Unknown Mortal Orchestra Has Mastered the Use of Space and Sound on Album Number V.

The double-album is half composed of groovy, funk instrumentals and half of sun-kissed melodies.

Music Reviews Unknown Mortal Orchestra
Unknown Mortal Orchestra Has Mastered the Use of Space and Sound on Album Number V.

Portland-based psych-rock band Unknown Mortal Orchestra has mastered the use of space and sound in their lofi genre. Their mix of wah-wah pedals, reverb, groovy syncopation and stripped-down production led to the commercial and critical success of Unknown Mortal Orchestra and II. Hawaiian-New Zealander Ruban Neilson released his first track, “Ffunny friends,” on an anonymous Bandcamp profile in 2010. In lieu of being slightly scared of potential pushback from The Mint Chicks fans, Neilson remained anonymous until the single demanded the name of the author who created such a tune. Unknown Mortal Orchestra was no longer unknown.

UMO’s V was made by a well-established group of artists looking to embark on a journey to test their own creative liberties. The double-album is half composed of groovy, funk instrumentals and half of sun-kissed melodies. It’s a bit of a contrast to the band’s last record Sex & Food. The 2019 record displayed characteristics of frantic psych-rock, remnants of folk, R&B influence, as well as a dizzying cluster of bleak introspection. Although the band will never loosen its grip on psychedelia, the reliance on pedals is dialed down.

V was recorded in both Palm Springs and Hawai’i with his brother Kody Neilson and longtime band member Jacob Portrait. The records also features Neilson’s father playing saxophone and flute. It’s obvious how much influence both locations have over the Hapa-haole (“half-white”) record, quite literally representing Neilson’s ethnic background as half Hawai’ian and half Kiwi. The tracks were also heavily influenced by ’70s AM radio rock with “Messugah” and ’80s pop with “Weekend Run.”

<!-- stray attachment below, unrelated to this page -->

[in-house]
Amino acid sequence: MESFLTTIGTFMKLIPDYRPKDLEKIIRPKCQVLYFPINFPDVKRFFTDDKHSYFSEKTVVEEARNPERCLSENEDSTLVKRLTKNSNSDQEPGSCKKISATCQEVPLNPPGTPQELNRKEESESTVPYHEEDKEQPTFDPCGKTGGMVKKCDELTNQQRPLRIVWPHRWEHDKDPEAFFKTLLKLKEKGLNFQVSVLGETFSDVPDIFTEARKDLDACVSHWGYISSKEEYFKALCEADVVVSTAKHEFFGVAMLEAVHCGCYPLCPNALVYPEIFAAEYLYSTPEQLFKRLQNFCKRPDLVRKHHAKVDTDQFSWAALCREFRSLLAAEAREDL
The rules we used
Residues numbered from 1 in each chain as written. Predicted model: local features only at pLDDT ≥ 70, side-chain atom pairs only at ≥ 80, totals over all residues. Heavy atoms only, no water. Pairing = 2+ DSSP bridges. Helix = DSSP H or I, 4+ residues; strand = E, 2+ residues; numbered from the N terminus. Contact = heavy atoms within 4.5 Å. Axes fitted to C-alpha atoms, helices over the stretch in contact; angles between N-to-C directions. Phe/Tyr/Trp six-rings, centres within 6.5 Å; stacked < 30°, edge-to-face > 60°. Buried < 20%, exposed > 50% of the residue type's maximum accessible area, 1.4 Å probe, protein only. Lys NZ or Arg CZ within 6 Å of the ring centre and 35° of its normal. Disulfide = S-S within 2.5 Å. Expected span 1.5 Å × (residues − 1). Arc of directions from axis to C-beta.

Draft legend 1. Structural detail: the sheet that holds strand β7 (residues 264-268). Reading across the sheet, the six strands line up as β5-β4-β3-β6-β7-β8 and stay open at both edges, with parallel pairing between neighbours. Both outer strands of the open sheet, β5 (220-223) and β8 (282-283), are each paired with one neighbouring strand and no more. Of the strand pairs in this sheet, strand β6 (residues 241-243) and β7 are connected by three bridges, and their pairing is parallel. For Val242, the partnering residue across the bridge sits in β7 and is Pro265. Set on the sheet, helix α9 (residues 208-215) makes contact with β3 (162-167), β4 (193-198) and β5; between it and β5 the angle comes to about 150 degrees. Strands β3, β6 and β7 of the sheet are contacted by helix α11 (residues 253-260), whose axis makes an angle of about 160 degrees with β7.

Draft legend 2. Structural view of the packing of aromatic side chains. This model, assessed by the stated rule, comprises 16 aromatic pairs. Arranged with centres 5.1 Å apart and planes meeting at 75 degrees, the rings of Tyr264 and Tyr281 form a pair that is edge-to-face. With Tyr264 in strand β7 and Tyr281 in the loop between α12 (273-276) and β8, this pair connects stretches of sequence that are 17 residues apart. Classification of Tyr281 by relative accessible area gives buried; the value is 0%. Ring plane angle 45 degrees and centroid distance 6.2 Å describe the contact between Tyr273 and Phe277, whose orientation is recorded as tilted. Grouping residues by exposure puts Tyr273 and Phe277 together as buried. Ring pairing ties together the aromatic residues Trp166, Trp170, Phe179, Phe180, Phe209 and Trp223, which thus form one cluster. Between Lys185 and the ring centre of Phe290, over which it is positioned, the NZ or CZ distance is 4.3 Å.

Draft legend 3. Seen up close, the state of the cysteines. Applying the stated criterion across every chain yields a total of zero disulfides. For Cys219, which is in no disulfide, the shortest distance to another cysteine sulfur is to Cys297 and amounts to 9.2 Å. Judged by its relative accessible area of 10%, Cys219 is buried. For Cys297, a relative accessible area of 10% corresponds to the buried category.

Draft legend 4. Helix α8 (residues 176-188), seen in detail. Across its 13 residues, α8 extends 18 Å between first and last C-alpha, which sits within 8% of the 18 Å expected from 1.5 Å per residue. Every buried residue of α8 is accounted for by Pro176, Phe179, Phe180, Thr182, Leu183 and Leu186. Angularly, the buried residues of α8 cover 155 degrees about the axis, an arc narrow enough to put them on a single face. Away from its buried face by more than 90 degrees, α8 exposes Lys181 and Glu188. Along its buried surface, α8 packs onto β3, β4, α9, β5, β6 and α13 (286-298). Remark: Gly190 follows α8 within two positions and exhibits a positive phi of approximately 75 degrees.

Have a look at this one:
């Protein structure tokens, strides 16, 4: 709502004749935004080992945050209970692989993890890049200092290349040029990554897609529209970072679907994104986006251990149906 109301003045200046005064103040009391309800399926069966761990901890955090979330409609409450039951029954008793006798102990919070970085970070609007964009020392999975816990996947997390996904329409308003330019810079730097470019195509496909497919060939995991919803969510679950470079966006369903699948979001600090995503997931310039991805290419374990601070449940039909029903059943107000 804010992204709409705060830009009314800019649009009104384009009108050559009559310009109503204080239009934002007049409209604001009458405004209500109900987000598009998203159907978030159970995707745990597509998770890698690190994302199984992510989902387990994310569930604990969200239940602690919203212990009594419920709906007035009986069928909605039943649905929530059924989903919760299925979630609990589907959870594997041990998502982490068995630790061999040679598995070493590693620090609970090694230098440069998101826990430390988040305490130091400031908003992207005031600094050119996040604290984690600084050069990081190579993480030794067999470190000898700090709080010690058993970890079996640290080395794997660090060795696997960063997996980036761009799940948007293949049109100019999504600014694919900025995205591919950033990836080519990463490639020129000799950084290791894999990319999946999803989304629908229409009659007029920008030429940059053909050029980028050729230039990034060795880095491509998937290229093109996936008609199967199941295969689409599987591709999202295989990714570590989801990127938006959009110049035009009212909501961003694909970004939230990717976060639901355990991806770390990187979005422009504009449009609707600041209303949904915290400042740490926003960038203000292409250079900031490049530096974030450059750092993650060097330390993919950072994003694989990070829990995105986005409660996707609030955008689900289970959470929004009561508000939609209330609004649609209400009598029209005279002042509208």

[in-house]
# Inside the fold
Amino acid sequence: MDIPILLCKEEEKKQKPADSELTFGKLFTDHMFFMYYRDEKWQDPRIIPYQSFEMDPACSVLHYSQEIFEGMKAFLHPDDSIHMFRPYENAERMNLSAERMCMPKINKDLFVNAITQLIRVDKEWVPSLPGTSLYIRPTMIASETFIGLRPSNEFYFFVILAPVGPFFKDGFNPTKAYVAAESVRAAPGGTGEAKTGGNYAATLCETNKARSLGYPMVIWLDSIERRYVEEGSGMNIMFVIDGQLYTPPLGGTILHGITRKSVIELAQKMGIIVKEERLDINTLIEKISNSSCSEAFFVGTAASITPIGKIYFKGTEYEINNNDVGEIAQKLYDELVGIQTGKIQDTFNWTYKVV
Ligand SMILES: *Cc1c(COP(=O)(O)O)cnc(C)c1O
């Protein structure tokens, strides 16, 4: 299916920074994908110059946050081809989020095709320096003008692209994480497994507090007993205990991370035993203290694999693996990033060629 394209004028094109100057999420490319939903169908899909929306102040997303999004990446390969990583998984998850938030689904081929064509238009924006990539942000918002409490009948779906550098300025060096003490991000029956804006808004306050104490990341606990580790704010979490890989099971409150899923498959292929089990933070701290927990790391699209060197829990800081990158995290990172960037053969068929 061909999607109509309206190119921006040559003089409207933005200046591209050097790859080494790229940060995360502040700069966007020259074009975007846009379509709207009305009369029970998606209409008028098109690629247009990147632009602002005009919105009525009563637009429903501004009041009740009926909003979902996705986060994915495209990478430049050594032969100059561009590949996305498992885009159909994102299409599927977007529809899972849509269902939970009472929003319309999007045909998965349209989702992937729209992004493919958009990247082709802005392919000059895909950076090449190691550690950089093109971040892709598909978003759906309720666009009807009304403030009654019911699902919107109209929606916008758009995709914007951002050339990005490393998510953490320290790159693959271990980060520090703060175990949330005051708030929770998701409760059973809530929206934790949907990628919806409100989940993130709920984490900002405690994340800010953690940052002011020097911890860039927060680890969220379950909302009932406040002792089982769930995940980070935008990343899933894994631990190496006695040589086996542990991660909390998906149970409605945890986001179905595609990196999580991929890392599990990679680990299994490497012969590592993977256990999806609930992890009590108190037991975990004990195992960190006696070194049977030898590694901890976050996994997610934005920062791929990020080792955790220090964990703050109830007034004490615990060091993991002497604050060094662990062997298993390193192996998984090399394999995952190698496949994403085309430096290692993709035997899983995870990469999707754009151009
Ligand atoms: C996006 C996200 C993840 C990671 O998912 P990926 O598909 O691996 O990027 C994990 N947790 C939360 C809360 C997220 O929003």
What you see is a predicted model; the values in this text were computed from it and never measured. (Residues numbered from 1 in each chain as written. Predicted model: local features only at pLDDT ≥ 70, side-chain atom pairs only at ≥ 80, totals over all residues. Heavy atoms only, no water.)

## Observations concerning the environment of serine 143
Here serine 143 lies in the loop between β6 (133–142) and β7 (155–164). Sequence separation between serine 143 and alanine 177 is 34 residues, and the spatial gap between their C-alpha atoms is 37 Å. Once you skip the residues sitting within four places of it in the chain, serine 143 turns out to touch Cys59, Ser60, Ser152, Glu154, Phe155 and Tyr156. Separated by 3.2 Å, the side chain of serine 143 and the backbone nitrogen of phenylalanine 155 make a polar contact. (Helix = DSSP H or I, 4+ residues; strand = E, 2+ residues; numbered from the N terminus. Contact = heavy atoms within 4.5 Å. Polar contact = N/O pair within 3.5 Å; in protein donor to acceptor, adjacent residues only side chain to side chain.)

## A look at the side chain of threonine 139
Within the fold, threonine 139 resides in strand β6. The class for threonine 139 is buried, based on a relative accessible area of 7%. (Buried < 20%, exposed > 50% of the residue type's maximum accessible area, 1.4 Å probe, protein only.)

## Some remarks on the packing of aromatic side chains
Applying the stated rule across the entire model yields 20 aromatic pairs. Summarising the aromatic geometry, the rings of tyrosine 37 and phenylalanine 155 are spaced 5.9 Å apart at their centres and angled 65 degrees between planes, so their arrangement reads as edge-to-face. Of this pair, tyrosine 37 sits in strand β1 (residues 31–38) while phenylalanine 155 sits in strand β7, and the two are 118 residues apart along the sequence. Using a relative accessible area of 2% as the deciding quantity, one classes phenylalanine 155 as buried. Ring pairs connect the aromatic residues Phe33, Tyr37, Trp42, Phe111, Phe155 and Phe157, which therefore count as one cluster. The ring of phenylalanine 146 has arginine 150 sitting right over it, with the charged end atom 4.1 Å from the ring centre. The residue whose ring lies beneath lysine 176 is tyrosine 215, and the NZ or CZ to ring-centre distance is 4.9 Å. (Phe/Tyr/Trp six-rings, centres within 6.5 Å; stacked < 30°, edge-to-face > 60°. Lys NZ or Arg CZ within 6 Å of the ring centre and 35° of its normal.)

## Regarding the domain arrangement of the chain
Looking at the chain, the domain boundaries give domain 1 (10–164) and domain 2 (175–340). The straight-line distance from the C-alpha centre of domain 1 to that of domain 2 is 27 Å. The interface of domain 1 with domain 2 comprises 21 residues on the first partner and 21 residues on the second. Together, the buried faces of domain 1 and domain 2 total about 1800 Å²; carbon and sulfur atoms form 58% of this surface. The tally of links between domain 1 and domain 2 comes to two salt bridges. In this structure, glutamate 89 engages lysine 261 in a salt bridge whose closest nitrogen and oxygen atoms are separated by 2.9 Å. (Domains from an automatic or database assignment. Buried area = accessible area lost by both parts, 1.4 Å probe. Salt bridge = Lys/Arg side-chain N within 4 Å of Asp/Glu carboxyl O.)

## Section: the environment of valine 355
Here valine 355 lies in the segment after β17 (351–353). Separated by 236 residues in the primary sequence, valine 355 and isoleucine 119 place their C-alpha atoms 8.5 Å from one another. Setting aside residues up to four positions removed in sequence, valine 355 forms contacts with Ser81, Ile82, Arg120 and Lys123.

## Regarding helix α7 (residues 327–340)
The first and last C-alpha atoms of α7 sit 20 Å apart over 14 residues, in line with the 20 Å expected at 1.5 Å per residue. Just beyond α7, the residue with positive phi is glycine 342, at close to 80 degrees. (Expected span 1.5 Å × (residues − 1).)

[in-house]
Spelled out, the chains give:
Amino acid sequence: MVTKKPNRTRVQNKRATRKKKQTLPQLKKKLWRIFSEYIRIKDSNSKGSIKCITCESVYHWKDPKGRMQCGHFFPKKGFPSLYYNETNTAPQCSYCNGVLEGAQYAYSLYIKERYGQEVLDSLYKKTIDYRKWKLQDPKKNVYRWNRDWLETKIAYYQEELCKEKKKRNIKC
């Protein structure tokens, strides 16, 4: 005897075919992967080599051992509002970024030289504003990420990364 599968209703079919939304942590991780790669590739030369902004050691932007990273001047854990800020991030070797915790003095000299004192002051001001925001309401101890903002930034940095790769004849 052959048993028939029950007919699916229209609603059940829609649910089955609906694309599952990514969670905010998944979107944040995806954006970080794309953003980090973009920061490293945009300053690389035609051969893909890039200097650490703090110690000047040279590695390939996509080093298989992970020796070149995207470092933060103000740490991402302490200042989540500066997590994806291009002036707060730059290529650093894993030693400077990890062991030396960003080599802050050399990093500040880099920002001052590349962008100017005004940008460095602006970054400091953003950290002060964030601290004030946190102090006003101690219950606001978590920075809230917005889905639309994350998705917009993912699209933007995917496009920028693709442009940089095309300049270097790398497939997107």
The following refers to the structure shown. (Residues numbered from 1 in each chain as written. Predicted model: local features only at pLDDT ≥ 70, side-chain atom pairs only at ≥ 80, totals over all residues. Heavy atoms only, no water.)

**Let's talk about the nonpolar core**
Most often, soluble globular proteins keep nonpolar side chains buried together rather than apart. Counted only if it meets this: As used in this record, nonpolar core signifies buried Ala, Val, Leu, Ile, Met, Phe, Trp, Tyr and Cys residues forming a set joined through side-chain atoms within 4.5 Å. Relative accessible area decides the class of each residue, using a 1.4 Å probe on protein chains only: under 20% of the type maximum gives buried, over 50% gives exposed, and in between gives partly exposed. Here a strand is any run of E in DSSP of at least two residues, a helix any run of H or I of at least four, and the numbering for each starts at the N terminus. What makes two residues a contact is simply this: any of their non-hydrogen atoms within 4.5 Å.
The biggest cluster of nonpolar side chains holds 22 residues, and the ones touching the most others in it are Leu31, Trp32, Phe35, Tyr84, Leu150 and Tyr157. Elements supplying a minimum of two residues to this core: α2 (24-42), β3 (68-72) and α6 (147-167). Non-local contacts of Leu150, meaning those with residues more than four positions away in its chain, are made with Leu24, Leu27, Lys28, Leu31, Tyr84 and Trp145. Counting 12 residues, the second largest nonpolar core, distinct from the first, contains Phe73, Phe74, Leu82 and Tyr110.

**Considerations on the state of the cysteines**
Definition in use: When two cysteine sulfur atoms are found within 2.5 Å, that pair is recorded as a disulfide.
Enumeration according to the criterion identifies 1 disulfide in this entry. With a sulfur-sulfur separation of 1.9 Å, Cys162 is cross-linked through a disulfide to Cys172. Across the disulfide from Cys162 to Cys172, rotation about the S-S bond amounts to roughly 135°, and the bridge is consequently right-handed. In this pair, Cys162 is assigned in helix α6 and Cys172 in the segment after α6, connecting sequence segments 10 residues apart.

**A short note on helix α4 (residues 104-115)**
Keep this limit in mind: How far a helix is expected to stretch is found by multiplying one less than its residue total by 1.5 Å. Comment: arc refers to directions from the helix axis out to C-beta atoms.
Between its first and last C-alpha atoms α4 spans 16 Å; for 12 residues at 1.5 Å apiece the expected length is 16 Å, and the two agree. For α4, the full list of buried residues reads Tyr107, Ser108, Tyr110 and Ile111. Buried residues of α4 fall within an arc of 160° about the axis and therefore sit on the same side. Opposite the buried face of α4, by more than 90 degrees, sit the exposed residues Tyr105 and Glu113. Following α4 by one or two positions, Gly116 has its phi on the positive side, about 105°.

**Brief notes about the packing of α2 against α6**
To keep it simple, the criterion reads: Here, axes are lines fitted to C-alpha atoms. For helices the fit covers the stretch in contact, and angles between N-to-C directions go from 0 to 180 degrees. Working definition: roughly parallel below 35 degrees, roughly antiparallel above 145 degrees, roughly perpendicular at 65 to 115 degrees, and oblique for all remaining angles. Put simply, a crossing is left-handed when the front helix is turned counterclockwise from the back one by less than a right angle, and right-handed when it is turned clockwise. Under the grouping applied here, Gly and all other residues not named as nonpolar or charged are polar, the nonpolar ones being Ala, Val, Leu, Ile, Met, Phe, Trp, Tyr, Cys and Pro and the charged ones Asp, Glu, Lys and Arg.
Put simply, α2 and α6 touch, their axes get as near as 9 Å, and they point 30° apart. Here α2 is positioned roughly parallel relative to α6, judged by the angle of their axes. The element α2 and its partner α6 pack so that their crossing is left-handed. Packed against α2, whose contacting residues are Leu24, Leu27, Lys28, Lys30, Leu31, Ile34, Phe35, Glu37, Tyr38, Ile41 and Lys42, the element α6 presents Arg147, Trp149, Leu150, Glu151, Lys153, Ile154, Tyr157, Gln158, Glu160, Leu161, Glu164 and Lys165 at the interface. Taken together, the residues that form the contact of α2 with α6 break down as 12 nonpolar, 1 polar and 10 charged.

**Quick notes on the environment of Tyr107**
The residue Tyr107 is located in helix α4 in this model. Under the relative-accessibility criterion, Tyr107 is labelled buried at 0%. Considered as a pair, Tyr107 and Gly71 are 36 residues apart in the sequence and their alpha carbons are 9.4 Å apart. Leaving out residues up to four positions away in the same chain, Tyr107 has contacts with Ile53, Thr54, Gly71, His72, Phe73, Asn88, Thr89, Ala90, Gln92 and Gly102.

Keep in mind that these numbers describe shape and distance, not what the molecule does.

While the instrumentals can sometimes feel lackluster, it’s hard to imagine them not on the album. “The Widow” is a mix of a classic and modern takes on bossa nova, introducing synths and pads but sticking to the swaying, off-kilter syncopations of traditional samba. The classic acoustic guitar is missing, but an intoxicating saxophone melody adds to the jazz feel three-quarters in. “Keaukhaka,” which translates to “passing current,” sticks to the psych-rock we all know and love, transporting the listener just off the beach, floating on the waves as the sun burns into your skin, making all your problems feel a little bit smaller when you realize the world is so big.

The record opens strong with “The Garden,” kicking off array of slowed-down tracks with catchy hooks and gritty guitar tones. Lofi “Guilty Pleasures” and “In The Rear View” serve as unremarkable if relaxing ambience. But the best of V’s balminess is exemplified with sungaze-y beach-rock tracks “That Life” and “Layla,” alongside the optimistic themes and bouncy, poppy rhythms of “The Beach” and “Naja.”.

The lead single, “I Killed Captain Cook,” epitomizes the record perfectly—written in the perspective of a Hawi’ian native in the midst of British colonizer James Cook’s demise. Cook took tremendous amounts of territory in Polynesia and Australia, which holds a large part in the history of Neilson’s ethnic background. The stripped back, acoustic track is presented in a traditional Hawi’ian manner, but sung in English. He begins to find introspection at the very beginning of who he is—in a different timeline to his own and placing his singular puzzle piece in a 100,000-piece puzzle.

V is a fun, water-glistening record that waves hi to the palm trees and lies down to take a sun-nap with the sleepy sand dunes. Neilson’s reclamation of his identity in the context of space, sound and story is executed beautifully and is heard with authenticity and keenness. Unknown Mortal Orchestra continues to expel their creative boundaries in their timeless, vintage nature.

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